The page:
Democratic presidential front-runner Hillary Clinton is a "deep corporatist and deep militarist" who has made peace with the nation's power structure, said Ralph Nader.
"I think Hillary is not the Hillary of when she was 30 years old. She made peace with the power structure, and she is a deep corporatist and a deep militarist. One can almost forgive the corporatism. She moved to New York with Bill because that's where the power is and Wall Street, but her militarism is absolutely shocking," Nader said.
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The former Green Party and independent presidential candidate made the comments
during a discussion about his new book, "Return to Sender,"
which discusses letters Nader wrote to past U.S. presidents on a range of issues.
Nader cited the war in Libya during President Barack Obama's first term to support his claims on Clinton.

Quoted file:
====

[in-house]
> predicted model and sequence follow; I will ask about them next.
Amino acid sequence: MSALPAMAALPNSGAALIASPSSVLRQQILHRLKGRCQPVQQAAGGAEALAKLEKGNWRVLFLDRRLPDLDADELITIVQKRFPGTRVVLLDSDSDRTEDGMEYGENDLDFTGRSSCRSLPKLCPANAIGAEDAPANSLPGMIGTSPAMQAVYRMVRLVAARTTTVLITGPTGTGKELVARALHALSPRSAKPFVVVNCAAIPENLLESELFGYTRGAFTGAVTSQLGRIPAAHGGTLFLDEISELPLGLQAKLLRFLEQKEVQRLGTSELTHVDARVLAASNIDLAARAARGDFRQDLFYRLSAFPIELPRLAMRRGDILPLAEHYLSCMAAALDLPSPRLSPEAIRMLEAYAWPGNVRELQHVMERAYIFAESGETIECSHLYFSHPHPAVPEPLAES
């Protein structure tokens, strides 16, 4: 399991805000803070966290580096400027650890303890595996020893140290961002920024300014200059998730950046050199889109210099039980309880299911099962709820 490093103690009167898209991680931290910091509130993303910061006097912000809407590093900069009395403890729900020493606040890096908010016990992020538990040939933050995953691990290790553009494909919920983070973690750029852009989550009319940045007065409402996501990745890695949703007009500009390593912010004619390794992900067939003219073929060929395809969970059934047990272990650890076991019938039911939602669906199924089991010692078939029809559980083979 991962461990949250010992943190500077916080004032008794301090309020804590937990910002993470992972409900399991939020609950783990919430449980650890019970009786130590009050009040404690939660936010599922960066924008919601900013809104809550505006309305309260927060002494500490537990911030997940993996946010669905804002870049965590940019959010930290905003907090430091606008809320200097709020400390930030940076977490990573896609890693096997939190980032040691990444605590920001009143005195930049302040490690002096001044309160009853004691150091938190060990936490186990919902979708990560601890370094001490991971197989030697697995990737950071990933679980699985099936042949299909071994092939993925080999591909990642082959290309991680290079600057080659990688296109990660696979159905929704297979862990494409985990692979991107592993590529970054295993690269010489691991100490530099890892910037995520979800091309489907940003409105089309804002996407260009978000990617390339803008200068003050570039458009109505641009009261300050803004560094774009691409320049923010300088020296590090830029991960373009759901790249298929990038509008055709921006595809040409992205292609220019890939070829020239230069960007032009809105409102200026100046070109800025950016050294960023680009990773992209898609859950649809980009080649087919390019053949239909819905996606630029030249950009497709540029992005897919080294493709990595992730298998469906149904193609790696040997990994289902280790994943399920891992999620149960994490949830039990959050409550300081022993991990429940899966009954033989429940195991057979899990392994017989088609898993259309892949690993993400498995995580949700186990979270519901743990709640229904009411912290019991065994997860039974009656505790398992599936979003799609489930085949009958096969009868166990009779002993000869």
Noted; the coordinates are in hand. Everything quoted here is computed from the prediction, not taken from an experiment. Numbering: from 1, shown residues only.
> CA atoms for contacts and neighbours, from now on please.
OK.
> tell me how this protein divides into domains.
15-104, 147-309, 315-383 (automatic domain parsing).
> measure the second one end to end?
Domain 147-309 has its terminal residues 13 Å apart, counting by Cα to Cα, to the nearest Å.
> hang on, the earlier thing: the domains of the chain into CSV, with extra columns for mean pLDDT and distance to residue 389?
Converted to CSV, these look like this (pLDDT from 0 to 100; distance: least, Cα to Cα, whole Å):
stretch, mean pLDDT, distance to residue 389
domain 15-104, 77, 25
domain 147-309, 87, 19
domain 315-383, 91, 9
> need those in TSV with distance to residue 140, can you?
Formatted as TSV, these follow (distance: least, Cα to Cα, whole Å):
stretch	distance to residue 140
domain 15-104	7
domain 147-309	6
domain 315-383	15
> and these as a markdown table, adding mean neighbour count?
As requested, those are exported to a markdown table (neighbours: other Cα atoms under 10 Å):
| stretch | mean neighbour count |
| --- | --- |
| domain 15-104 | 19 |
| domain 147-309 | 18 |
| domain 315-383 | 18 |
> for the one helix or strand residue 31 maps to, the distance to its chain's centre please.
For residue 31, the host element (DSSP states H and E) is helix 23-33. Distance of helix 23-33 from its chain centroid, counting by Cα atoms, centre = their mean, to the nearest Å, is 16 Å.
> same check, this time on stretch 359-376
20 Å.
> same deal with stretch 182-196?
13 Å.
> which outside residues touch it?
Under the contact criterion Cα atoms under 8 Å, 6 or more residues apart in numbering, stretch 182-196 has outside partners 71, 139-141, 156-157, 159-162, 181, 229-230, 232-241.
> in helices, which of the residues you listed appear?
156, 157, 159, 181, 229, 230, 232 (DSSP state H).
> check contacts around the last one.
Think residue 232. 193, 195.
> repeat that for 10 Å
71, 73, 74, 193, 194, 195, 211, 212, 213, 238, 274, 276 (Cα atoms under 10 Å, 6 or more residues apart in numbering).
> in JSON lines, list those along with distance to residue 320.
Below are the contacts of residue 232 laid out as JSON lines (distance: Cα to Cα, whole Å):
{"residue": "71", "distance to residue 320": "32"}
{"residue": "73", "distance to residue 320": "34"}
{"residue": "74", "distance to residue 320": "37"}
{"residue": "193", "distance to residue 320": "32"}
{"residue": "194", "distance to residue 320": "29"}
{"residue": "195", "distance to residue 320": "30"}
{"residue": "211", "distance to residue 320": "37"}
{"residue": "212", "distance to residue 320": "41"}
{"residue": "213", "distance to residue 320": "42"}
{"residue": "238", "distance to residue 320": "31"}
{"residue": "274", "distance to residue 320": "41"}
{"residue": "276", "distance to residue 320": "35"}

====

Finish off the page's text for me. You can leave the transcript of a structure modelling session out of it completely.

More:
"She almost single-handedly did the Libyan war. The Defense Department was against it, [Secretary Robert] Gates, and she persuaded the White House that it was an easy topple without knowing that in a tribal society — with nothing to replace it — you would have a civil war, sectarian killings spilling into Africa, weapons everywhere, Mali, Central Africa.
"And she's being accused of Benghazi — the big thing is the huge amount of geography that has been destabilized because of the Libyan overthrow," he said.
Nader also said Clinton "never met a weapons system she didn't like" when she was a member of the Senate Armed Services Committee.
"This is the problem of women trying to overcompensate in becoming more aggressive and macho so they are not accused of being soft on the need to kill and war, right? Instead of taking the tradition of women of peace, and turning into a muscular waging of peace of conflict and prevention, she [Clinton] did the reverse, and [Madeline] Albright did the reverse, and Anne Marie Slaughter did the reverse and some of Obama’s advisers did the reverse," he said.
"We have to be transcendent on this. We have to really go right to the core of what people are standing for, fighting for and fighting against."
Nader ran for president in 1996, 2000, 2004 and 2008.
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